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The crisis may be turning out very well for many of the behemoths that dominate U.S. finance. A series of federally arranged mergers safely landed troubled banks on the decks of more stable firms. And it allowed the survivors to emerge from the turmoil with strengthened market positions, giving them even greater control over consumer lending and more potential to profit.
Now that's a sweet deal - boost your market share in originating what are essentially "no-risk" loans because, either wards of the state Fannie Mae and FreddieMac will buy the loans or you'll get bailed out if things again go awry.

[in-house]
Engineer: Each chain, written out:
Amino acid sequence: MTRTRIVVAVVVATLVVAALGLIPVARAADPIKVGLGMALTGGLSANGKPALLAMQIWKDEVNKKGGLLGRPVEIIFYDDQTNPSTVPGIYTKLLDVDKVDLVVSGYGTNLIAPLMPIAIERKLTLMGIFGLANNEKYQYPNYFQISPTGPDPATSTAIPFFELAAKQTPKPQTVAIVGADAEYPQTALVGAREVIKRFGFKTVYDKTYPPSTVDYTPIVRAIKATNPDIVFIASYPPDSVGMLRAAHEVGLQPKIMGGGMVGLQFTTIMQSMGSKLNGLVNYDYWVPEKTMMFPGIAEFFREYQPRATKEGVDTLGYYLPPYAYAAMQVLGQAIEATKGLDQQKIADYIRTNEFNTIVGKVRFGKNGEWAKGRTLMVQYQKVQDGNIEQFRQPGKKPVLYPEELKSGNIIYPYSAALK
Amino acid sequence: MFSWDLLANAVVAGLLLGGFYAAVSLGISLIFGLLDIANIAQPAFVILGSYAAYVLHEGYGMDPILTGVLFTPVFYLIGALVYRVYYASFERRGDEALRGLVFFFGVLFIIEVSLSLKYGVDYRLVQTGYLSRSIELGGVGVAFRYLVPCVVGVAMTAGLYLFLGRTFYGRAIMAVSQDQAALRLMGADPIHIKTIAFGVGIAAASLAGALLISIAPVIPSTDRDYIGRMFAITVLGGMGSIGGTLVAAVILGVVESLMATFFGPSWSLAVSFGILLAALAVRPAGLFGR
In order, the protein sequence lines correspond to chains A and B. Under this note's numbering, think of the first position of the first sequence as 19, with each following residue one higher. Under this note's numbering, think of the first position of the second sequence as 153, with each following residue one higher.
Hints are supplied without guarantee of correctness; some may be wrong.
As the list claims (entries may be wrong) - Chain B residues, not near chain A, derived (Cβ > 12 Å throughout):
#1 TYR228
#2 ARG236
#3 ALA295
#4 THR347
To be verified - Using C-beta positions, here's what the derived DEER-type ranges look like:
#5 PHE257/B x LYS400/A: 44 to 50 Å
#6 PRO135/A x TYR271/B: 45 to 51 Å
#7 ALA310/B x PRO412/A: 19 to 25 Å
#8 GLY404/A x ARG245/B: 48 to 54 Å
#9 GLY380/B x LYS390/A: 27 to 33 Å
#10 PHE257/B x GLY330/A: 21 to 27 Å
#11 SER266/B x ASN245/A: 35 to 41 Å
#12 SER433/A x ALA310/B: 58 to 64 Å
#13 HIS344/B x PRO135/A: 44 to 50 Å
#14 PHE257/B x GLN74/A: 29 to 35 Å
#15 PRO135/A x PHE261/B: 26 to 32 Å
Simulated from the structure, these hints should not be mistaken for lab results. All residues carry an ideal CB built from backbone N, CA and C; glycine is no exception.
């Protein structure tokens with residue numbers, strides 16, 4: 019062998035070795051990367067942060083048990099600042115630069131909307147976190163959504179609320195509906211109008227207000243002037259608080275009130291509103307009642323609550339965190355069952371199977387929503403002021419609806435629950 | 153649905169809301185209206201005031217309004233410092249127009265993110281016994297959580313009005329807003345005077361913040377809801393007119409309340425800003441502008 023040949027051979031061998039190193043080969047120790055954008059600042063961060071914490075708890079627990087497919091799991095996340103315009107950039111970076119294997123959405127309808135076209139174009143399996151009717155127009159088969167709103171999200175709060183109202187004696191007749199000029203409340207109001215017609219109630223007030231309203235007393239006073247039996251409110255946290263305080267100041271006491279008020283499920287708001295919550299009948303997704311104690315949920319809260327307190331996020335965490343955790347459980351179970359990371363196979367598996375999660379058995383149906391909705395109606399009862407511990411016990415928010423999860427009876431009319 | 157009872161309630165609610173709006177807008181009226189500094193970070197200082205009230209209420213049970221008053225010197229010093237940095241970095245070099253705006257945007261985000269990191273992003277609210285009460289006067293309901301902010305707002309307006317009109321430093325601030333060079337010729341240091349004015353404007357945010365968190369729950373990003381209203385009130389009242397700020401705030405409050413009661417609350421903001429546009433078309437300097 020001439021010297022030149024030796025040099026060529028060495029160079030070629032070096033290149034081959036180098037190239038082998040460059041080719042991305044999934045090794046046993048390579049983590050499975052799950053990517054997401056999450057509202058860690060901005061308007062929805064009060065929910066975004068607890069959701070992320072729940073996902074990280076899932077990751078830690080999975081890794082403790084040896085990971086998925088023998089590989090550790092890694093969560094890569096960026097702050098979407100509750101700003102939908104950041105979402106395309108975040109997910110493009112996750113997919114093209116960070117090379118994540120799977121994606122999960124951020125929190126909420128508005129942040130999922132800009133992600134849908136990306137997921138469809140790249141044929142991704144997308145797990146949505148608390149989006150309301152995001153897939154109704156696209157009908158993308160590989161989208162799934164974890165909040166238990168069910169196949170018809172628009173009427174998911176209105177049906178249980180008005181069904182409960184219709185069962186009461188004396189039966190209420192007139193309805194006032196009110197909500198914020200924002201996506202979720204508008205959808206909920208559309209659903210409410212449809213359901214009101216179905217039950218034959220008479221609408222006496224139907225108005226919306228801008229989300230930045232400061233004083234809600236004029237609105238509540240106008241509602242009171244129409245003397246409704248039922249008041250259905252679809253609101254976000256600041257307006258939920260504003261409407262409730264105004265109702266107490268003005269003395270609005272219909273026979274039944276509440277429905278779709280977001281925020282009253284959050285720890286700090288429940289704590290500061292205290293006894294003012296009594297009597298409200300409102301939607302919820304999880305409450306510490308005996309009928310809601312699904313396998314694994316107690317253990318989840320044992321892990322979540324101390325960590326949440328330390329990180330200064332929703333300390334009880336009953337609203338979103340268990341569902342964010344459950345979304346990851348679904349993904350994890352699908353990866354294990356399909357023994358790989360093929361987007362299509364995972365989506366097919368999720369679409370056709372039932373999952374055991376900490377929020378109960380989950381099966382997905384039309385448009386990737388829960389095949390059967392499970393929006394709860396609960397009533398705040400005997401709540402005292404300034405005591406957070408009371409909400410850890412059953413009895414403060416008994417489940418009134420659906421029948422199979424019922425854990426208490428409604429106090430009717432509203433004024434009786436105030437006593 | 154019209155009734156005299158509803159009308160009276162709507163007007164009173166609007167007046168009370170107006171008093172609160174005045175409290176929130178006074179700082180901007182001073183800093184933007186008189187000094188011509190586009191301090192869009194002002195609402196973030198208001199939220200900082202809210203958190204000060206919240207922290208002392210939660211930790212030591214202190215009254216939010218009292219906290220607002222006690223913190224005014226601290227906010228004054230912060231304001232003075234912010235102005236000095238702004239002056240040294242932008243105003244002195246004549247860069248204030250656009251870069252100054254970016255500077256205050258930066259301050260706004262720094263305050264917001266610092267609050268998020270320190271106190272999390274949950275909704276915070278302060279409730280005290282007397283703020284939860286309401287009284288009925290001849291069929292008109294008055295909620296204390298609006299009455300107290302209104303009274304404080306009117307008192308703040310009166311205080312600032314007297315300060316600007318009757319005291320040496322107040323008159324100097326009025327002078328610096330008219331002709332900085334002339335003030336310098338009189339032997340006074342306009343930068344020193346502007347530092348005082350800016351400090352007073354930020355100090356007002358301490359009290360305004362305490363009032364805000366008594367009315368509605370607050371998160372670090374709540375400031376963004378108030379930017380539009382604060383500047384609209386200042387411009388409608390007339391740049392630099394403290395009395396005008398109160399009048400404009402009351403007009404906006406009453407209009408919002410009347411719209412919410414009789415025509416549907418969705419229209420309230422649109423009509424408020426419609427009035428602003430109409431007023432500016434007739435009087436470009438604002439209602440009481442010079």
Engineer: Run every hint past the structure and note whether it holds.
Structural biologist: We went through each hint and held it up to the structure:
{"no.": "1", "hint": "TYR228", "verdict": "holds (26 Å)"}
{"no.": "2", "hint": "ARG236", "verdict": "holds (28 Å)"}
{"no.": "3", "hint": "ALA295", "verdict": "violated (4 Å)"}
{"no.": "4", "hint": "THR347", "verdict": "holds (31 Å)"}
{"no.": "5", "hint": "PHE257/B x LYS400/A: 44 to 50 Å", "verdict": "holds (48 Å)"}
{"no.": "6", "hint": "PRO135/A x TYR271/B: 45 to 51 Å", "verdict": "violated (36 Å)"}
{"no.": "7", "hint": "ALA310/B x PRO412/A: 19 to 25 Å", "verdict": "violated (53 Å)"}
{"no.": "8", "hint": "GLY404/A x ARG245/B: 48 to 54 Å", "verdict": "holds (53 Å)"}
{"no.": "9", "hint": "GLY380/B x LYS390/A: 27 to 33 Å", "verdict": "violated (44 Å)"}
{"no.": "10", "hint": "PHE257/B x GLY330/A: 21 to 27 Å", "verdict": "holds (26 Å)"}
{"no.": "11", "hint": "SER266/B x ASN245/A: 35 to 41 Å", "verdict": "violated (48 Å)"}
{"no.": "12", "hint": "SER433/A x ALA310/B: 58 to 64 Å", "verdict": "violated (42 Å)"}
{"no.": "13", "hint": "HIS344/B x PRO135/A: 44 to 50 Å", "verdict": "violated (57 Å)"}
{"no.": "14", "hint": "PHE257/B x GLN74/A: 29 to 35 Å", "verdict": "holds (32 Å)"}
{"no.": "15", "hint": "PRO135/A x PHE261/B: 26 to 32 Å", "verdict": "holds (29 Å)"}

"No, we shouldn't be celebrating this...banks are too important to be bailed out," Tamny says. "Big surprise that the government got some of its money back saving banks that should have been allowed to die. There's going to be a natural return there, but it shouldn't have happened."
Instead of letting capitalism run it's course, Tamny notes we've entered a vicious cycle of baiilout's unintended consequences. Exhibit A: Banks deemed "too big to fail" have in fact grown larger and even more interconnected,